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About The Production (Continued)
Academy Award winning production designer (Titanic) Peter Lamont has collaborated with the filmmakers on 15 Bond thrillers before this one, while stunt coordinator Simon Crane is a veteran of three previous 007 movies. Costume designer Lindy Hemming was involved in two previous Bond films, and casting director Debbie Mc Williams has six movies in the series to her credit.

The James Bond movies have provided special effects supervisor Chris Corbould with a hands-on training program as he served in various capacities on eight projects before The World is Not Enough. Miniature effects supervisor John Richardson has six Bond films to his credit, while music composer David Arnold first worked with this creative team when he scored Tomorrow Never Dies.

Second unit director Vic Armstrong first began working on the Bond series as a stunt man in You Only Live Twice in 1967, ultimately going on to serve as second unit director on Tomorrow Never Dies.

Cast and crew alike describe working on a James Bond movie as a soothing. even family-like experience. "It's a bit like coming back to family," observes Pierce Brosnan of his third outing as Agent 007. "It was comfortable, and I looked forward to making this film."

"This project was a homecoming in the sense that you are surrounded by familiar faces," agrees Judi Dench. "You don't feel like a stranger on the set, and it's a bit like a repertory company. What is lovely about the Bond films is that they have a family atmosphere, with lots of the same people involved each time"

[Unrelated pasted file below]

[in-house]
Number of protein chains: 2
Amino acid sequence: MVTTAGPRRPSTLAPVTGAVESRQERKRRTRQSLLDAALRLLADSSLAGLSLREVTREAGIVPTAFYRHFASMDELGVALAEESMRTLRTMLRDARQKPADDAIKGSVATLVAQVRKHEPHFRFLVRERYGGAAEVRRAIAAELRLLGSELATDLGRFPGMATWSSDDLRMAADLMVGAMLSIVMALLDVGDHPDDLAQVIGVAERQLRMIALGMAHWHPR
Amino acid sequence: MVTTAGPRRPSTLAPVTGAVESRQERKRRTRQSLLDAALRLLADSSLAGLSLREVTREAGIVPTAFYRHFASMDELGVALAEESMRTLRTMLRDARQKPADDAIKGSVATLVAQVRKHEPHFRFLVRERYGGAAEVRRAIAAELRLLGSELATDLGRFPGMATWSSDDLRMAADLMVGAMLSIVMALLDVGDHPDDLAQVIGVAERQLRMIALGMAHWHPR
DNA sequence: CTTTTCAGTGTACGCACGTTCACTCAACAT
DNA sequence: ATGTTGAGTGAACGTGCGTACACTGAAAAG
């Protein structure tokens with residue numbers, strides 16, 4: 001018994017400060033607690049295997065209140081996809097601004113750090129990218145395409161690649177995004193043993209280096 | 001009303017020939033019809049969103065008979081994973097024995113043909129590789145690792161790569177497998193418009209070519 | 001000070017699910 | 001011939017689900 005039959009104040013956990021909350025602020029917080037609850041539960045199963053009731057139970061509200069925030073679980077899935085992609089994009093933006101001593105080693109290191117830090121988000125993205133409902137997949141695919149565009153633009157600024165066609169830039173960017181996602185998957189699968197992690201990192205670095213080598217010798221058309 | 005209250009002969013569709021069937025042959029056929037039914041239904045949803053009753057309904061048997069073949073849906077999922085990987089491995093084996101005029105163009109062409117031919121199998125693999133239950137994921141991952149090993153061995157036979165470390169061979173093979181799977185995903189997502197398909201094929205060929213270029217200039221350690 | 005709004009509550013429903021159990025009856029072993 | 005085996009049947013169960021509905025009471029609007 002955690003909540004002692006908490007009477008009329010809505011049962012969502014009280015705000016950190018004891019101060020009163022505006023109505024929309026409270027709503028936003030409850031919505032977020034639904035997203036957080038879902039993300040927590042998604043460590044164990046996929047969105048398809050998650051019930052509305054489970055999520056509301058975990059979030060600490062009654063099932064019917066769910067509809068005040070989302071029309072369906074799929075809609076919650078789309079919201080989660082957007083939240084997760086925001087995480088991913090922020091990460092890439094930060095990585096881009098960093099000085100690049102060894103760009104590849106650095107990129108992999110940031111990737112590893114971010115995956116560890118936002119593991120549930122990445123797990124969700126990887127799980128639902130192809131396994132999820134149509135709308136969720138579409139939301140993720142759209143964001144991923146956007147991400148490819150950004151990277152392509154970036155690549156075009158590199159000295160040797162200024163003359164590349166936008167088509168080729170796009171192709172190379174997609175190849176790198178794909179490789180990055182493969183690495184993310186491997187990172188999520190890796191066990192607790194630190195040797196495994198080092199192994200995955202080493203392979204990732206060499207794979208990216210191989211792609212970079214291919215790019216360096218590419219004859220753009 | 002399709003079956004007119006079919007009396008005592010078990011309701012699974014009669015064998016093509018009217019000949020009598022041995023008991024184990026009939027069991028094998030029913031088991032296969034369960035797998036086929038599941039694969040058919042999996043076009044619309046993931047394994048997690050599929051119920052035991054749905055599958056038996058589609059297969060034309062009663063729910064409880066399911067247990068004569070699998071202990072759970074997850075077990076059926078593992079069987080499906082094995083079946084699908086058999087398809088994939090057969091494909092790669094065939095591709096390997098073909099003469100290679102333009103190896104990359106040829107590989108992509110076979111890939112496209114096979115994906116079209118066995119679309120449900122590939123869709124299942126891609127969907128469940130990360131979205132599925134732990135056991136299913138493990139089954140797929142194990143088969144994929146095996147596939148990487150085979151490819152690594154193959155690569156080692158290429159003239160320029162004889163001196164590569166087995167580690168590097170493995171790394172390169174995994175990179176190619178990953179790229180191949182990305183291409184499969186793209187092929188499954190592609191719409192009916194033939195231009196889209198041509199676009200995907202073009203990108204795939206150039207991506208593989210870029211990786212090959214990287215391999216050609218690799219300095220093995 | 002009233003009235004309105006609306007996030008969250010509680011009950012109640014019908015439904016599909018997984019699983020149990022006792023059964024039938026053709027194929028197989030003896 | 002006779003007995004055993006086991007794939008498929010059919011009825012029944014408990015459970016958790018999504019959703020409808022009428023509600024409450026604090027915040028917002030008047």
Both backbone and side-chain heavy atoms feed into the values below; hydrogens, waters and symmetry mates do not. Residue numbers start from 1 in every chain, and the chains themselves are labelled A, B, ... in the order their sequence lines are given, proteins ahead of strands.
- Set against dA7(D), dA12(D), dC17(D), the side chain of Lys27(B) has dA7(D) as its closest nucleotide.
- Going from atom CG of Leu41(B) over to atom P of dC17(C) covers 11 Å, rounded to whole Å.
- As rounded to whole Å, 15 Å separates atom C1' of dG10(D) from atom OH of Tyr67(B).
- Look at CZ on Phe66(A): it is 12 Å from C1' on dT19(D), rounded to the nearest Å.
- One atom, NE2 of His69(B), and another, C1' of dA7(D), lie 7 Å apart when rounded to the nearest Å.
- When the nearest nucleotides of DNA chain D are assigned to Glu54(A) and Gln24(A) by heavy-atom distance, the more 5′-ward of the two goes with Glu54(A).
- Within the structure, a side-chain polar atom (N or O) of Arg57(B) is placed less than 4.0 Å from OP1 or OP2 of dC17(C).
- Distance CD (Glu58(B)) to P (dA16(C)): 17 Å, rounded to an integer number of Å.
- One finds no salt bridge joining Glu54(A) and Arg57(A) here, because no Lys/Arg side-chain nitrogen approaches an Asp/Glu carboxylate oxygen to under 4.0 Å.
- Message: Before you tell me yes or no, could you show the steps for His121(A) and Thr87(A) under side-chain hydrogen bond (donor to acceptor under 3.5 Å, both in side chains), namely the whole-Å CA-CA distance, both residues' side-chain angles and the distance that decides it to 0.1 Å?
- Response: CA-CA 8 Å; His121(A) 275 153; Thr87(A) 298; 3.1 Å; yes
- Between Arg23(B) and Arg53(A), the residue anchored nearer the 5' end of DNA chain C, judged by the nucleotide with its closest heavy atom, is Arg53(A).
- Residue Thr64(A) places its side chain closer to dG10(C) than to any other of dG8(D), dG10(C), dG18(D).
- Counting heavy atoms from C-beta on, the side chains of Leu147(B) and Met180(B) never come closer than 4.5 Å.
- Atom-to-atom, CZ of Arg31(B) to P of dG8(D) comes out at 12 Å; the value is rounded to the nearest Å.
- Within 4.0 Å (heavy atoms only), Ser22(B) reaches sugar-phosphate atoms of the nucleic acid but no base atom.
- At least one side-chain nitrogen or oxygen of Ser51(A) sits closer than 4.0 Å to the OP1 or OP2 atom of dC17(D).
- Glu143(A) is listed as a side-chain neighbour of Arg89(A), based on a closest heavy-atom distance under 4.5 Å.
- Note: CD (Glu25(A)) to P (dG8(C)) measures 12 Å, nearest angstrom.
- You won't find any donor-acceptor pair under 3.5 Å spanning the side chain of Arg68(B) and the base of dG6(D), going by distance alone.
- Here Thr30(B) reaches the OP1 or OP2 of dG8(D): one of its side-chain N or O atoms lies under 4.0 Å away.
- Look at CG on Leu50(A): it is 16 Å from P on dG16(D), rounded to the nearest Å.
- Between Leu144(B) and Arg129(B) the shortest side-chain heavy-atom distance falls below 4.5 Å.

"The idea is for me to appear in the next two or three installments with the intention of eventually taking over the role of Q when Desmond Llewelyn decides to retire, so it looks as though I may become part of the Bond family — and I couldn't be happier about that," explains John Cleese. "The Bond films have been a source of lifetime employment for some of the crew, and those movies have become a great British institution. I can't think of anything more fun than to actually become a part of it."

"I did wonder what it would be like," admits Michael Apted of coming to the set on the first day of production in the latest installment of the longest-running movie franchise ever. "I thought that there would be generations of baggage there, and that everyone would want to kill each other. In fact, it turned out to be an enormously warm and inviting environment."

Principal photography on The World is Not Enough began on January 11, 1999 at England's Pinewood Studios. "This is the 15th Bond film to be made at Pinewood, which is our traditional home, and it felt really good to be back there," recalls producer Wilson.

"Pinewood is the home of James Bond," agrees production designer Peter Lamont, "and I love designing the Bond films because it's always good to design realism, to reflect what's happening in today's world." Lamont designed and supervised the construction of all the key sets for The World is Not Enough. These included the interiors of both the London headquarters and the Scottish office of MI-6, the huge underground nuclear test facility (built on the 007 stage), the inside of the submarine where the film's climax takes place, as well as the largest exterior set built for a Bond film at Pinewood Studios, which replicates the oil pipeline walkways in Baku, Azerbaij an.

Pinewood was also the setting for many of John Richardson's meticulously crafted miniature sets, including Zukovsky's caviar factory, and several models of the oil pipeline central to the film's plot and the submarine, among many others.

"There's a great tendency to use computer-generated technology in film production today, because many technicians are attracted to the movie industry and they think that CGI is the answ


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